Former Head of China’s Largest Financial Asset Management Company Sentenced to Death

By Reuters
January 5, 2021China News
Former Head of China’s Largest Financial Asset Management Company Sentenced to Death
Lai Xiaomin, then chairman of China Huarong Asset Management Co., speaks during the Boao Forum for Asia (BFA) Annual Conference in Boao, China, on March 24, 2016. (STR/AFP via Getty Images)

BEIJING—The former chairman of China Huarong Asset Management Co. has been sentenced to death, a court in the northern city of Tianjin said on Jan. 5, in one of the country’s highest-profile corruption cases.

Lai Xiaomin was convicted of receiving or seeking bribes totaling 1.788 billion yuan ($276.72 million) from 2008 to 2018, when he was also a senior banking regulator, according to the Secondary Intermediate People’s Court of Tianjin.

Lai, who was expelled from the ruling Communist Party in 2018, was also convicted on a charge of bigamy.

Chinese authorities alleged that Lai extorted bribes, colluded with others to embezzle large amounts of public assets, and took advantage of his positions to seek improper benefits for those who bribed him.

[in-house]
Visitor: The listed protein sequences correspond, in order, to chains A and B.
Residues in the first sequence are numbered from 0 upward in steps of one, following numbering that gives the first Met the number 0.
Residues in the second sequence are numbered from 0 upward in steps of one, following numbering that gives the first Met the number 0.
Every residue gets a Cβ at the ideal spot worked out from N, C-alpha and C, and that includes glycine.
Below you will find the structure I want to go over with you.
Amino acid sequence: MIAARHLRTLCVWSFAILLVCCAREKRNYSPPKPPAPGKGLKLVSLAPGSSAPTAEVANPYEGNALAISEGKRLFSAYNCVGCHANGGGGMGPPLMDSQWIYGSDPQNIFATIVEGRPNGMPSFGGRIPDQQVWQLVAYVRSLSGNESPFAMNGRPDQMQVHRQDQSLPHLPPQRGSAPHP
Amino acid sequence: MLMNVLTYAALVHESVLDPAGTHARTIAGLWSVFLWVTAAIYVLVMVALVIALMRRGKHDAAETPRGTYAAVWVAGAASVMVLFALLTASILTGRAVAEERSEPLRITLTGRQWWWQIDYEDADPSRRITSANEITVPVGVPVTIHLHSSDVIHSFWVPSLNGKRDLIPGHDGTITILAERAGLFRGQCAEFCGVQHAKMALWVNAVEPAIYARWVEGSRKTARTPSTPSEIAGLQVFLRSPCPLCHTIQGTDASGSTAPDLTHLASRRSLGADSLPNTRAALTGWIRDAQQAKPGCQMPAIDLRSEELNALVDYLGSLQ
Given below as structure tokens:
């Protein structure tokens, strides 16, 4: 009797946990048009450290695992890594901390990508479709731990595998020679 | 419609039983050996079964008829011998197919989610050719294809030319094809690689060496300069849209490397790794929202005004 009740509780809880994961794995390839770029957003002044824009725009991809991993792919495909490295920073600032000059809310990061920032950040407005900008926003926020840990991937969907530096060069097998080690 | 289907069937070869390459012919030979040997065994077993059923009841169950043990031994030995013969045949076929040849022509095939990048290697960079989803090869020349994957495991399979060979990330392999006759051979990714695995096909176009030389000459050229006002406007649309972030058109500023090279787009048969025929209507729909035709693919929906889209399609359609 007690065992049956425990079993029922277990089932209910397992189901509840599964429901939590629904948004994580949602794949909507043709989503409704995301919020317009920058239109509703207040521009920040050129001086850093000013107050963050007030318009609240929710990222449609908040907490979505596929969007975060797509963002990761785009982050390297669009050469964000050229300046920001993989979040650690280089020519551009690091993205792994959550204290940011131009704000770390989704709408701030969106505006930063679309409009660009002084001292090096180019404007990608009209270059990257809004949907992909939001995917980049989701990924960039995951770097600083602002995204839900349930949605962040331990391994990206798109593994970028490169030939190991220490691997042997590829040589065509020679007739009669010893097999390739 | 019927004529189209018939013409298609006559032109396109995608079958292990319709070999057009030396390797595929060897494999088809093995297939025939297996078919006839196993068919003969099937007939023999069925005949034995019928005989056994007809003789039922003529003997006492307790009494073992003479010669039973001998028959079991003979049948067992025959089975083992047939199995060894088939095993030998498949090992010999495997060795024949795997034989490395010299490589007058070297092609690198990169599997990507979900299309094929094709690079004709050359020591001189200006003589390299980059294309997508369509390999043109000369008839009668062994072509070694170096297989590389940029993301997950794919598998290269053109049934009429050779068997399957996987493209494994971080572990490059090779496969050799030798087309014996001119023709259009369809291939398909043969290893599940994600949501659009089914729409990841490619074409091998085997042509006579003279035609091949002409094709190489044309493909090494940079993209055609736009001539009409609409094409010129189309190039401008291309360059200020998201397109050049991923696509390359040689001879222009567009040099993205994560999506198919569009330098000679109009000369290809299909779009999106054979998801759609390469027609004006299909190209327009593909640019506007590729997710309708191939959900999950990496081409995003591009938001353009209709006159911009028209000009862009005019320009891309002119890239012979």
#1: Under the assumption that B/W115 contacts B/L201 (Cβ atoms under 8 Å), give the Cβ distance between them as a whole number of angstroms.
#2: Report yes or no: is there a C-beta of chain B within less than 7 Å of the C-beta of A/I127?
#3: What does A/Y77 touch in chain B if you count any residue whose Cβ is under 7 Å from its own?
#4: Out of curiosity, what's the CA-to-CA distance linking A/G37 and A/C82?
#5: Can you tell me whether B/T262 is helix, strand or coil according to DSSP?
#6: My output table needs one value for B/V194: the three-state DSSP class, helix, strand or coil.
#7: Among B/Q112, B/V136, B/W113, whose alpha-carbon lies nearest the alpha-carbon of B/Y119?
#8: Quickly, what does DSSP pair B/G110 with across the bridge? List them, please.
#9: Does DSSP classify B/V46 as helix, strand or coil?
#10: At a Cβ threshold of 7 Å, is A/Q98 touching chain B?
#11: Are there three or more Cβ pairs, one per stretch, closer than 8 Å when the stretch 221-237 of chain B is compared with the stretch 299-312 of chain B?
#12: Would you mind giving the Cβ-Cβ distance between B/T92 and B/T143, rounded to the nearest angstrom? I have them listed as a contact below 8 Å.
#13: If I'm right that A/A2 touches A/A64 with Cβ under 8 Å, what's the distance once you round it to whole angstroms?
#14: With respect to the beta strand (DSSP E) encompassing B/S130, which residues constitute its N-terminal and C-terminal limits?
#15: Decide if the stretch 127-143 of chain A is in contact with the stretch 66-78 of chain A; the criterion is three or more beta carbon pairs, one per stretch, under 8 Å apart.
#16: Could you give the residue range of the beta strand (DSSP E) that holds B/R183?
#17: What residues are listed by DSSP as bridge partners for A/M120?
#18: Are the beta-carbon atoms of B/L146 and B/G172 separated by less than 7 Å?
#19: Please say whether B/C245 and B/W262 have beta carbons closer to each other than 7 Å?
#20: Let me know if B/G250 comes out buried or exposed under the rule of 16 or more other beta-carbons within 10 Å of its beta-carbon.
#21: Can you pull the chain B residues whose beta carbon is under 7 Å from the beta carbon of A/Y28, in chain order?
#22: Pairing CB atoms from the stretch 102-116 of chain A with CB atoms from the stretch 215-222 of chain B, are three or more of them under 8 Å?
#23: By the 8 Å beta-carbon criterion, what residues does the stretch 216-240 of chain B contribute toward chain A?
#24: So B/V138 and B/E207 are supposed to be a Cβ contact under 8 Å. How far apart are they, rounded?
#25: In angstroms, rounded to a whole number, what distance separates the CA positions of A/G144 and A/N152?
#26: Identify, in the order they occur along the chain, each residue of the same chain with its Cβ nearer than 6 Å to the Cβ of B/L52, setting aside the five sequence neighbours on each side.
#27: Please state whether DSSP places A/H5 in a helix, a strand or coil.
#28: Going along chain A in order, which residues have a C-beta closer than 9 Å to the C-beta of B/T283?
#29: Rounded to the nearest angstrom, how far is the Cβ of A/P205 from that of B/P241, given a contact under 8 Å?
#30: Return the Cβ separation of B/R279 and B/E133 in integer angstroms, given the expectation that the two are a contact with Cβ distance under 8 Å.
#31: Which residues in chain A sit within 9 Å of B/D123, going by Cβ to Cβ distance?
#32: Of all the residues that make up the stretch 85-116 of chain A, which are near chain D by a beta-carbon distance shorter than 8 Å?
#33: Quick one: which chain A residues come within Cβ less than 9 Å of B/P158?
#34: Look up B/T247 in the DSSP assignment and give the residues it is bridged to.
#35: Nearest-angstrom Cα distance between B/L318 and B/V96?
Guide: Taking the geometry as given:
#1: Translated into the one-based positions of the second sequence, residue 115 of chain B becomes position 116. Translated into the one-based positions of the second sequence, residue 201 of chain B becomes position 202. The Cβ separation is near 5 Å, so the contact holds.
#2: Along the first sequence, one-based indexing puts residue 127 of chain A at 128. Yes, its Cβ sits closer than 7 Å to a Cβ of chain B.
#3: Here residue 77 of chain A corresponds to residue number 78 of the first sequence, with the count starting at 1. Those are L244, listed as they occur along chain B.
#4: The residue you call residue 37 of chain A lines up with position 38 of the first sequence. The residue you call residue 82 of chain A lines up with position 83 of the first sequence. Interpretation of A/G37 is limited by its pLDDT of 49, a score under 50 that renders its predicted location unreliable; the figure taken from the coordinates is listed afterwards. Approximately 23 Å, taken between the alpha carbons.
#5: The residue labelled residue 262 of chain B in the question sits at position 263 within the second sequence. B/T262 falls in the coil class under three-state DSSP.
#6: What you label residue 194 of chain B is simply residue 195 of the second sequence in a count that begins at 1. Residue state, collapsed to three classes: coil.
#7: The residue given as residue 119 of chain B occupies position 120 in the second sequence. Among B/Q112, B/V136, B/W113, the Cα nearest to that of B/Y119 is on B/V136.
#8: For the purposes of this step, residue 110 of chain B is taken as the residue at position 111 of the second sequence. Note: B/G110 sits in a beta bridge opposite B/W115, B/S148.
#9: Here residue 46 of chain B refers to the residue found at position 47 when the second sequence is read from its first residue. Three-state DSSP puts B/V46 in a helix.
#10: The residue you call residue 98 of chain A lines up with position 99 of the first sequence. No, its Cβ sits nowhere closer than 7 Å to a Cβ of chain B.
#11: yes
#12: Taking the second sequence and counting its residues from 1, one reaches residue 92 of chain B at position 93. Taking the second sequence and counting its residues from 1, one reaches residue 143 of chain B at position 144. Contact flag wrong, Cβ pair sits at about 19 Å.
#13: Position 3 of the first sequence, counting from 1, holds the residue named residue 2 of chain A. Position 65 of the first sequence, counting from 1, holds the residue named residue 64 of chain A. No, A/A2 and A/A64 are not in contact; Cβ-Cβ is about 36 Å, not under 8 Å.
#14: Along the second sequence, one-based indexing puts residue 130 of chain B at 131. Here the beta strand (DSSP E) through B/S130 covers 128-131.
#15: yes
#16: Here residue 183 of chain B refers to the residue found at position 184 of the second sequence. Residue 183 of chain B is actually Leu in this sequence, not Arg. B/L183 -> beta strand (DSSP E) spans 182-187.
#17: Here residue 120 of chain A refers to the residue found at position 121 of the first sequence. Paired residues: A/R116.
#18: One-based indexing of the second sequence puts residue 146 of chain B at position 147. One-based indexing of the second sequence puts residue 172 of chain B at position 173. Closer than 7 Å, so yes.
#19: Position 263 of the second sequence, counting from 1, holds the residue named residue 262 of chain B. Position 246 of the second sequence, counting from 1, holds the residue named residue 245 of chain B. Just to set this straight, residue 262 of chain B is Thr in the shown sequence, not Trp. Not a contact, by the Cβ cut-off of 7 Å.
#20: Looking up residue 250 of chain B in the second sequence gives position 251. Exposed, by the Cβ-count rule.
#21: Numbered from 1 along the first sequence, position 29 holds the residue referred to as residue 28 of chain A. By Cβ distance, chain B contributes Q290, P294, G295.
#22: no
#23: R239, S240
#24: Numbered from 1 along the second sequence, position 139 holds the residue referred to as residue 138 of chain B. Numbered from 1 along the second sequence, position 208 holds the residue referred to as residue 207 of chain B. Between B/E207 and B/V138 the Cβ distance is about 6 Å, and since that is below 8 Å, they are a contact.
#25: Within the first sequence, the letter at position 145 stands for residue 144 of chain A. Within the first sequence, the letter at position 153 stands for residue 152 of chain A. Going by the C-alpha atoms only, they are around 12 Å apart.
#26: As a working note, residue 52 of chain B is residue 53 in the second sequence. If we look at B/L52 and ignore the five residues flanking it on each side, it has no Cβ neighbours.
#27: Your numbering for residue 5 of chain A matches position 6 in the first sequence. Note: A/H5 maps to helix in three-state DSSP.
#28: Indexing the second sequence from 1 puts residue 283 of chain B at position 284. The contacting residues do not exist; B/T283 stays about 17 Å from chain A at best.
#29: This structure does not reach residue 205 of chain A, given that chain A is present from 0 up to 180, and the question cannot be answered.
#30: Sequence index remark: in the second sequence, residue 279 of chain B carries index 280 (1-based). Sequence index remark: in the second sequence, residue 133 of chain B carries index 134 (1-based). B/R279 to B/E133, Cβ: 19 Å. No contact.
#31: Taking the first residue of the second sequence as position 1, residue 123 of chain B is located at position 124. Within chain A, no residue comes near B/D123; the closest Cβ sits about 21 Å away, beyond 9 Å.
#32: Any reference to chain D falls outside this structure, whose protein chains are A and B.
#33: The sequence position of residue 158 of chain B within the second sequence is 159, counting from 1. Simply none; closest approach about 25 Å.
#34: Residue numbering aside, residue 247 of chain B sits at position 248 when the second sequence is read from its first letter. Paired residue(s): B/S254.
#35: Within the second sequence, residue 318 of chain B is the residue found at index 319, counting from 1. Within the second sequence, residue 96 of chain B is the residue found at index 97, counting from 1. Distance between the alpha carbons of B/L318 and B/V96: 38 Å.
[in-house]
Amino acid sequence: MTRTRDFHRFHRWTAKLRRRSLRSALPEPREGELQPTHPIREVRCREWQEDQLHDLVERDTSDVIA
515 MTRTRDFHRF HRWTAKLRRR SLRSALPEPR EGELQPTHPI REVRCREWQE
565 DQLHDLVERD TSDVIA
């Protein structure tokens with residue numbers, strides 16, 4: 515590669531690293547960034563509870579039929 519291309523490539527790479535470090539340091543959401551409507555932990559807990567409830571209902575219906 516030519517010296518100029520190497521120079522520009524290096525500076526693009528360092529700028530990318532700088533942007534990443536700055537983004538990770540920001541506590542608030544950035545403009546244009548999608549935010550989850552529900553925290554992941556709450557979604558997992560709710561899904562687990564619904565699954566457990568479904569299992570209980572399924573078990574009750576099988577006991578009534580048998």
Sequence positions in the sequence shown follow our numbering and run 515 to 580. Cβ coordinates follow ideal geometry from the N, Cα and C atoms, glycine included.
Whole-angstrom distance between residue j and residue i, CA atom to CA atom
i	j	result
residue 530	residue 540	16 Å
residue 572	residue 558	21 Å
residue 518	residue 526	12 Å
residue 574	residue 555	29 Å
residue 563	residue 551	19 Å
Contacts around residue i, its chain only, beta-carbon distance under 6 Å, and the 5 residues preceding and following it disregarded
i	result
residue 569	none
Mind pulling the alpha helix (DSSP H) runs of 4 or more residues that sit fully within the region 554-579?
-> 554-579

Reuters was unable to contact Lai or his lawyer for comment.

“Lai Xiaomin was lawless and extremely greedy,” the court statement said.

Huarong said its Communist Party committee supports the verdict.

“The severe treatment of Lai Xiaomin reflects the strong determination of the Central Committee with leader Xi Jinping as the core to administer the party and its zero tolerance in punishing corruption,” the company said in a statement.

The court noted that most of the activity in question took place after the 18th Party congress in late 2012, when Xi came to power. He would soon launch a sweeping anti-corruption campaign that has purged many of his political rivals.

Lai was purged amid reshuffling within the central government’s finance-related agencies, a hint that authorities would target corruption in the finance sector.

By Gabriel Crossley, Stella Qiu, and Cheng Leng. The Epoch Times contributed to this report.